Ruling: Central text ruled in gold outlined with thin single interior and double exterior black lines, and surrounded by single dark blue lines, with dark blue single lines on the outer margins from 2b onwards.

  • The right pastedown, Top: ‘£3..3..’
    Centre: title and author pencilled in an unidentified English hand.
    ‘Nawwab’ in English with the date ‘۱۸۰۵ (1805 CE)’ given in given in Hindu-Arabic numerals underneath (and surprising given the East India Company watermark dated 1827 evident in the pastedown underneath).
  • The right flyleaf a side (f. ia) repeats the title and author's name in the same unidentified English hand as on the right pastedown opposite.
Bookplates: The left pastedown: ‘Bibliotheca Lindesiana’ with pencilled shelfmark ‘F/12’, and ‘Bland MSS No. 14’, with the name and number crossed out and ‘Persian’ and ‘4’ written aside.


Probably bound in a hybrid British-Indian style in the Indian subcontinent for an unidentified British owner, after 1827, the date of the East India Company endpapers added to the volume.

Endpapers of medium-weight, straight-grained, ivoury coloured paper with ~10 laid lines per cm and 26 mm between chain lines, watermarked with the East India Company insignia ‘VEIC’, the maker's name ‘E. WISE 1827, manufactured by Edward Wise (1785–1863), who then owned and operated the Padsole Mill, Maidstone, Kent.
147 × 91 mm.
Sewn on three tapes or flat thongs, rounded and backed, then laced into pasteboards. Edges trimmed, coloured bright yellow, then front-bead decorative endbands sewn in blue and white threads at head and tail. Covered in full crimson goatskin leather, tight-backed and tight-jointed, with squares along the edges but without a flap (Type III binding per Déroche).

Exterior boards decorated in a fully gilt Cambridge panel-inspired design, with European tools, with central floral designs made of four impressions of the same tool, and margins and mitres executed with a seried of decorative rolls, including dots, meanders, and foliate scrollwork, all hand-tooled in gold leaf. Spine divided into seven panels and palleted with meanders and dotted lines and serpentine lines on either side, and large, open quatrefoil designs in the centres, also hand-tooled in gold leaf. Untitled.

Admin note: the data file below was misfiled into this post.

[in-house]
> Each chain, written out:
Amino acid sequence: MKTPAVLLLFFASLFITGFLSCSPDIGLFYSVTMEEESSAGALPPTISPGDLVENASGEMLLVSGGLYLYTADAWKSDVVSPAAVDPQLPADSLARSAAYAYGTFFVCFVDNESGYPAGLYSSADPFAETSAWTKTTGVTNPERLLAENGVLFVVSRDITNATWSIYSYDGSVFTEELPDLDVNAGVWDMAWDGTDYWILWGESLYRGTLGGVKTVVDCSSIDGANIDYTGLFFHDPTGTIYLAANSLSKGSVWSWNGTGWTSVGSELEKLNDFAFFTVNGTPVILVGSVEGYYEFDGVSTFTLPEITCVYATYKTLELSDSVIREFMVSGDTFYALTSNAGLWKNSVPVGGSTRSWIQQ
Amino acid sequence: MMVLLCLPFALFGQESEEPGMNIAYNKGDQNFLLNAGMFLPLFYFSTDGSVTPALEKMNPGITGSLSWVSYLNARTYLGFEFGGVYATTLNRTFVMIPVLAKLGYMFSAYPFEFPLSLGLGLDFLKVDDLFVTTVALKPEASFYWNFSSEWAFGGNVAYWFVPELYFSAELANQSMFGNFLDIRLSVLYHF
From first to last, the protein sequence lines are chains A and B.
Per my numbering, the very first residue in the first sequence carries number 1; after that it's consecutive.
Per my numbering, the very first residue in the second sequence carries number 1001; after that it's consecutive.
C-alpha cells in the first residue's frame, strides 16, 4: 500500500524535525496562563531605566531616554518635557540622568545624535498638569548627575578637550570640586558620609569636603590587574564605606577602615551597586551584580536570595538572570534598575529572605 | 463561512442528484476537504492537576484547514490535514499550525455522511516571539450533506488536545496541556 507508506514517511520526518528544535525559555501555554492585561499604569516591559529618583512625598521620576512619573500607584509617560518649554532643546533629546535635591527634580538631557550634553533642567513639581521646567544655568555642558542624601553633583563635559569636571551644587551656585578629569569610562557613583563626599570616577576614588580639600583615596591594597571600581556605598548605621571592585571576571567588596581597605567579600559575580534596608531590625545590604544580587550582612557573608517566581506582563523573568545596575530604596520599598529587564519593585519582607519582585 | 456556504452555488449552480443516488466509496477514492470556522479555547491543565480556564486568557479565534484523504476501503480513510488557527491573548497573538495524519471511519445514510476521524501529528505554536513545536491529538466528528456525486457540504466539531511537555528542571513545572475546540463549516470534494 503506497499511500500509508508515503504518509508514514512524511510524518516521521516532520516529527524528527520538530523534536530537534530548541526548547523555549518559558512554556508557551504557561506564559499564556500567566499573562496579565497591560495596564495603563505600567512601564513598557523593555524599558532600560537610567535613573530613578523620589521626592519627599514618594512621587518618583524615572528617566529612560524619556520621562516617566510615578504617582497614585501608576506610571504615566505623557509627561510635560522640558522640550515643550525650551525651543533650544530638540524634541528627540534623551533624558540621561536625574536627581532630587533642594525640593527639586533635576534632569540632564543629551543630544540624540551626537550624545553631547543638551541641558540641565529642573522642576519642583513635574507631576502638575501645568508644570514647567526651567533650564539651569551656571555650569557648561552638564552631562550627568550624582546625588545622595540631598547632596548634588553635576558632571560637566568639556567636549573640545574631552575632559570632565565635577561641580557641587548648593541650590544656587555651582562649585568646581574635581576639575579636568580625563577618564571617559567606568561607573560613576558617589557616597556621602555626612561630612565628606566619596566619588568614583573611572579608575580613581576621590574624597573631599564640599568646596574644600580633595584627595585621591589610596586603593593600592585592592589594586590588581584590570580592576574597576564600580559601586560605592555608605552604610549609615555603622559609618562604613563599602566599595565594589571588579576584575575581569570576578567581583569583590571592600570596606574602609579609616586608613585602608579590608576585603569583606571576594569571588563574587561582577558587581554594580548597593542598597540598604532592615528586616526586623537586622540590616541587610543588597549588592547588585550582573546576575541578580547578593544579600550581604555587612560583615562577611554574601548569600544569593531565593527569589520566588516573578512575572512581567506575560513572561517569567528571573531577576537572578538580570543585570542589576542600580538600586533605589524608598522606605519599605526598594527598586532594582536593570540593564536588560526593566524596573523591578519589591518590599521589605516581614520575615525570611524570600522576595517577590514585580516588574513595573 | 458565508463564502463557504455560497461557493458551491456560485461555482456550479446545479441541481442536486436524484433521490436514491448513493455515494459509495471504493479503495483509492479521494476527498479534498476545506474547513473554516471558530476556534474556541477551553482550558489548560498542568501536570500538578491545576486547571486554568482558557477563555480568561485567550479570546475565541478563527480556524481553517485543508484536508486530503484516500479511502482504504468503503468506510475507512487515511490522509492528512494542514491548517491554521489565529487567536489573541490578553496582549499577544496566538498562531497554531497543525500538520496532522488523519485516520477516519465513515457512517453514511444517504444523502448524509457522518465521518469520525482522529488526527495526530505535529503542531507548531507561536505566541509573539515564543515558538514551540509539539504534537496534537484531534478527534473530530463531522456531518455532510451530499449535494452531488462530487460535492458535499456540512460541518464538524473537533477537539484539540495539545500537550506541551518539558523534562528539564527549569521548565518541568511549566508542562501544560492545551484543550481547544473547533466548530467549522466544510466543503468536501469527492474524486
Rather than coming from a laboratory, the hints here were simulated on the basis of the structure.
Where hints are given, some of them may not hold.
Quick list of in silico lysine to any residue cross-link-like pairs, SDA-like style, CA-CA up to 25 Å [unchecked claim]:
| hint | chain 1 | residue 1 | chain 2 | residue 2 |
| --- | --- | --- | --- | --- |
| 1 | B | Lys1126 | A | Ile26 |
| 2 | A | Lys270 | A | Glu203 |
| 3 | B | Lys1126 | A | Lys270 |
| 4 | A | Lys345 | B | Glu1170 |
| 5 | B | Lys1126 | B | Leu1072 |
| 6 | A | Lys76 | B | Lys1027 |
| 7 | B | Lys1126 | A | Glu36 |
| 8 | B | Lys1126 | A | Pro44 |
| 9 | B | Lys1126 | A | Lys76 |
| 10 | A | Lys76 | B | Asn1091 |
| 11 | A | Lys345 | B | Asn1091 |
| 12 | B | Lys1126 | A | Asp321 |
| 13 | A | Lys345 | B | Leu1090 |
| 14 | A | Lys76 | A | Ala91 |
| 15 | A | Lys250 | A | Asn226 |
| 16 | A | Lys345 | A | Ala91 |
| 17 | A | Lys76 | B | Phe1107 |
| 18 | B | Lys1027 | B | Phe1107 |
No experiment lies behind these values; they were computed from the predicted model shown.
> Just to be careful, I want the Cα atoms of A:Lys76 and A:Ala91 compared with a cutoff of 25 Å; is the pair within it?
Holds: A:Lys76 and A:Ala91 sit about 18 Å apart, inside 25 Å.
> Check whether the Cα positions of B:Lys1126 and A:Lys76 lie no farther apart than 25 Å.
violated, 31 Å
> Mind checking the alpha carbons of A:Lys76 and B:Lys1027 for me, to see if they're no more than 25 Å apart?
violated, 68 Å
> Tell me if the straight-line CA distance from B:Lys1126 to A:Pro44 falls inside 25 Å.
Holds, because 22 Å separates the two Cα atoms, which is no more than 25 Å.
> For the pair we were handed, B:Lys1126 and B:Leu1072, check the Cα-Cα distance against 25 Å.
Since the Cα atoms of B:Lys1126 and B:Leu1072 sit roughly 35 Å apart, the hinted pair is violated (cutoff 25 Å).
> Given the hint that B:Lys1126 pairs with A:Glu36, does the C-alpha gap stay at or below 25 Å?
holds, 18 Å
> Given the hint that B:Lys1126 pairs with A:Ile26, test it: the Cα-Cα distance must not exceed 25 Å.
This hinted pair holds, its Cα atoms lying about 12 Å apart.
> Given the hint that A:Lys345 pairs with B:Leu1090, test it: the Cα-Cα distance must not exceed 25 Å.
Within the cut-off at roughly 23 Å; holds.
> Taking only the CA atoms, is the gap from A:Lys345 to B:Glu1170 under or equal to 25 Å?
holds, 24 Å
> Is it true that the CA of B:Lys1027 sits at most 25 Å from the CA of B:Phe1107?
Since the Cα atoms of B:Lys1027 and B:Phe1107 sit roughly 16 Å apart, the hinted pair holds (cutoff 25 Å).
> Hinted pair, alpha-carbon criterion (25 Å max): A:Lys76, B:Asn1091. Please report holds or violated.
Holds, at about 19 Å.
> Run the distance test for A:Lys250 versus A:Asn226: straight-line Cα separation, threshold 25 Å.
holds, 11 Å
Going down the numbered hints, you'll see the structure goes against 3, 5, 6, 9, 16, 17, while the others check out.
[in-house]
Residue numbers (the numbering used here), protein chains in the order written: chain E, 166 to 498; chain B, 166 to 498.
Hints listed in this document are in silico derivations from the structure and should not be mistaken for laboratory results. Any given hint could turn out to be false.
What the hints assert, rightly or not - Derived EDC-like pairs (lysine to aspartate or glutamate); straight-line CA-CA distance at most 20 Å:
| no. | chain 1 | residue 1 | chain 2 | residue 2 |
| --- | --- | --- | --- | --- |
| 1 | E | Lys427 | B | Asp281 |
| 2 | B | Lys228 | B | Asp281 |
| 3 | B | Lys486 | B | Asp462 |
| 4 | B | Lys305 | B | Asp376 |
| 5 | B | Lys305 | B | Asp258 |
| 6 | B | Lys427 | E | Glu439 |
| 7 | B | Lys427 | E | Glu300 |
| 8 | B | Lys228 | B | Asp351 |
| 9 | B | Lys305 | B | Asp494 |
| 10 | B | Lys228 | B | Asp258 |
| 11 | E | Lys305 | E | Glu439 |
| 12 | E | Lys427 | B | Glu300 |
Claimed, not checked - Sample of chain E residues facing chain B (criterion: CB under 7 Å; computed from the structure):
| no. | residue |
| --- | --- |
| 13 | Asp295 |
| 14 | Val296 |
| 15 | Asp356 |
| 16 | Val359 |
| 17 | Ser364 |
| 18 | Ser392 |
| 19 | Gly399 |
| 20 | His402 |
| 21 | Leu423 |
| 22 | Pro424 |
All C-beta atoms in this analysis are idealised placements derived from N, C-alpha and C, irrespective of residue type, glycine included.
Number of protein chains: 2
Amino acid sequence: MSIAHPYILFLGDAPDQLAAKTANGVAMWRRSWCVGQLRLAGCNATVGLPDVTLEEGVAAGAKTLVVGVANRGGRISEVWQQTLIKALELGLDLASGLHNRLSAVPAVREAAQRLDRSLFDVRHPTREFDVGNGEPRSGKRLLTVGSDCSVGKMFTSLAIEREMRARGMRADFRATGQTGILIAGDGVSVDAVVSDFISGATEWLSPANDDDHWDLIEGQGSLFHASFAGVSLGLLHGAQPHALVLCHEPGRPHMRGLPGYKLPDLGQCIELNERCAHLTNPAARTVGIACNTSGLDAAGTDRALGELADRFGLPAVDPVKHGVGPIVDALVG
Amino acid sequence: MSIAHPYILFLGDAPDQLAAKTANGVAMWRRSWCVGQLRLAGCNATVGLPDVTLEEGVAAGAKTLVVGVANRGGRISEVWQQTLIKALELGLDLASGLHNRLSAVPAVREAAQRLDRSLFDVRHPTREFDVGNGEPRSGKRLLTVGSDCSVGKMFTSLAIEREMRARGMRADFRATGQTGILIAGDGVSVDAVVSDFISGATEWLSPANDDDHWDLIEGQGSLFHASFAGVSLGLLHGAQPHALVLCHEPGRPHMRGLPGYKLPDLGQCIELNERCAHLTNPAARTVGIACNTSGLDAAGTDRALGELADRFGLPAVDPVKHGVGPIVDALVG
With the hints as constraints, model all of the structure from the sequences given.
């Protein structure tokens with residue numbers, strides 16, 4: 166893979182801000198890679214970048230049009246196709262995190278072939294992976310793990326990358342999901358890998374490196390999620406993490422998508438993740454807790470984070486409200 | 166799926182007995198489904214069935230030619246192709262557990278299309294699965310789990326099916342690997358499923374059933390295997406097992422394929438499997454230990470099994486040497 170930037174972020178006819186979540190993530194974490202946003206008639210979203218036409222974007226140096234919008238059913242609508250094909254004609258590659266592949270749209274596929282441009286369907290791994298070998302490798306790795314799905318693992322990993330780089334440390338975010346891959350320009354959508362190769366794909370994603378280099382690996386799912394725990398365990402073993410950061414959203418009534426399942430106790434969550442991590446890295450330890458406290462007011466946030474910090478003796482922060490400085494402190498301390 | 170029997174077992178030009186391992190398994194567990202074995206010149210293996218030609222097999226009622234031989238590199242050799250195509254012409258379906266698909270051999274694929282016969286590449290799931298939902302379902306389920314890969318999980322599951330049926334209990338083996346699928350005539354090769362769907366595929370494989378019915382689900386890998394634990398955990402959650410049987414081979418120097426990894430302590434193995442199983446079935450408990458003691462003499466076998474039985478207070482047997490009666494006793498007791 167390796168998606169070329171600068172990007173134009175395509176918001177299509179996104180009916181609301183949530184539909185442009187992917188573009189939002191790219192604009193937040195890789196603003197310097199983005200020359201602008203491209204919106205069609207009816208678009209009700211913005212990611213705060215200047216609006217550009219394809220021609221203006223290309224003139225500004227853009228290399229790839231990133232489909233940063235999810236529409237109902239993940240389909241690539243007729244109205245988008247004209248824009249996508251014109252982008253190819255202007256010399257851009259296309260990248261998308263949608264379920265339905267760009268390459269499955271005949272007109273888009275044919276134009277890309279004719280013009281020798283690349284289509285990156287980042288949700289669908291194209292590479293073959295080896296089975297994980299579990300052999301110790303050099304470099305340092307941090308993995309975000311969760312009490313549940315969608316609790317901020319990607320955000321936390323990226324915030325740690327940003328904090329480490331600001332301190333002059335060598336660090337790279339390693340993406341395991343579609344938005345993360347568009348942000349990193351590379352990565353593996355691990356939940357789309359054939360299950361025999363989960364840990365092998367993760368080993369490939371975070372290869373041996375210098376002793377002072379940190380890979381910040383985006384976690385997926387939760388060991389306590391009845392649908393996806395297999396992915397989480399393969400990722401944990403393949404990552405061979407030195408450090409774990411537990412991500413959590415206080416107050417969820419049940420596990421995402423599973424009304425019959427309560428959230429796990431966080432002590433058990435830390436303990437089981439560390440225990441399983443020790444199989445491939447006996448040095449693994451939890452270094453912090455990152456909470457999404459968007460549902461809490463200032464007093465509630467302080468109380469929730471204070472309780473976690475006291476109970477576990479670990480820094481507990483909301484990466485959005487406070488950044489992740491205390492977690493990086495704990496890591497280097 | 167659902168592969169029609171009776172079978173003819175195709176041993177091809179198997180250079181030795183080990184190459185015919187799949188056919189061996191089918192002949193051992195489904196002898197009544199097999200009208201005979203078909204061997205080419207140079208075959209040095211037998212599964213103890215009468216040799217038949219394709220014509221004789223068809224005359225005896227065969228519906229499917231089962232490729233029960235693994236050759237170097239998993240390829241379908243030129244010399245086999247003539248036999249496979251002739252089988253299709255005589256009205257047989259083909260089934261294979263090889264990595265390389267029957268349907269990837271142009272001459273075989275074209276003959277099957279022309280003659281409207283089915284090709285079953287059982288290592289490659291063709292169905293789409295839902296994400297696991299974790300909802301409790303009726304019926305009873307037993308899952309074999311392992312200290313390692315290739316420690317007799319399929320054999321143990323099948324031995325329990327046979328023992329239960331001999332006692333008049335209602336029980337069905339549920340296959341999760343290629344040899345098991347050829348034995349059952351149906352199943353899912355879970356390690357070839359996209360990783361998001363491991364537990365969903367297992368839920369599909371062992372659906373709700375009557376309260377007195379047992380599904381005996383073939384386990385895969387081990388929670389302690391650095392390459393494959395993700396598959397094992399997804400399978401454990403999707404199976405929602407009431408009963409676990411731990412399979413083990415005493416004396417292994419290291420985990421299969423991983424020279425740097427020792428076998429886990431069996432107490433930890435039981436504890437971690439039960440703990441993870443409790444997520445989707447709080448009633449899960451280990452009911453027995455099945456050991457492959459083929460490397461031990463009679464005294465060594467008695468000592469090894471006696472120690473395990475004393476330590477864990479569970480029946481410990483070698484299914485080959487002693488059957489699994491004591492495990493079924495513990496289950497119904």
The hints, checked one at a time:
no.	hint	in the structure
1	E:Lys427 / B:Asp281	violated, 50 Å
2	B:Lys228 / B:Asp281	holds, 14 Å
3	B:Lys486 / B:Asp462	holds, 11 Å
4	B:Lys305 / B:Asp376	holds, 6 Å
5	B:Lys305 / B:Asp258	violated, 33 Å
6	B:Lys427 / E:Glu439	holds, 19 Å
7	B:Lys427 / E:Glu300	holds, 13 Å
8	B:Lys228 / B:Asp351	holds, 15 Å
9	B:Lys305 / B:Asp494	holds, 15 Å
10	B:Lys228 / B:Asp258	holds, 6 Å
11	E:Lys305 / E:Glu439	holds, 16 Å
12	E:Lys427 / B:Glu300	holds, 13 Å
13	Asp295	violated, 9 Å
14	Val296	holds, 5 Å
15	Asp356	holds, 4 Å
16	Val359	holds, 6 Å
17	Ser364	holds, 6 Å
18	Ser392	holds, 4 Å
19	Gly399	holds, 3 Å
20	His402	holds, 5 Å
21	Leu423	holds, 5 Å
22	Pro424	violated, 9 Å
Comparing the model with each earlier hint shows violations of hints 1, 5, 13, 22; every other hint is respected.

331 × 215 × 32 mm.

Handle binding with caution. In fair but stable condition, with extensive abrasion and insect damage to the exterior, and sight sewing in the interior.


Origin: Completed in the Indian subcontinent; 8 Ẕī-al-Qa‘dah, 45thth year of the reign of Shāh ʻĀlam II, Emperor of Hindustan (b. 1728, r. 1759–1806) (19 Feb. 1804 CE).

Provenance and Acquisition

Evidently acquired by a British owner who inscribed the right pastedown ‘Nawwab’ in English and ‘۱۸۰۵ (1805 CE)’ given in given in Hindu Arabic numberals underneath, surprising given the East India Company watermark dated 1827 explicitly evident in the pastedown. Hence, it may represent a statement by the owner who had the volume rebound whilst in India. A price of ‘£3..3..’ at top suggests that the person returned to Britain with the volume and sold it.

Subsequently acquired from an unidentified source by scholar Nathaniel Bland (1803–1865) for his library at Randalls Park, Leatherhead.

After Bland's death, London bookseller Bernard Quaritch (1819–1899) sold his oriental manuscripts to Alexander Lindsay, 25th Earl of Crawford (1812–1880) in June, 1866, paid in two instalments of £450 and £400, and then moved to Bibliotheca Lindesiana at Haigh Hall, Wigan.

Purchased by Enriqueta Rylands (1843–1908) in 1901 from James Ludovic Lindsay, 26th Earl of Crawford (1847–1913).

Bequeathed by Enriqueta Rylands (1843–1908) in 1908 to the John Rylands Library, Manchester.

Record Sources

Bibliographical description based on an index created by Reza Navabpour circa 1993, derived from a manuscript catalogue by Michael Kerney, circa 1890s, concisely published as Bibliotheca Lindesiana, Hand-list of Oriental Manuscripts: Arabic, Persian, Turkish, 1898.

Manuscript description by Jake Benson in 2024 with reference to the volume in hand.


To book an in-person or online appointment to consult the manuscript, visit Using the Special Collections Reading Rooms. For any other enquiries please email uml.special-collections@manchester.ac.uk.


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Funding of Cataloguing

Iran Heritage Foundation

The John Rylands Research Institute

The Persian Heritage Foundation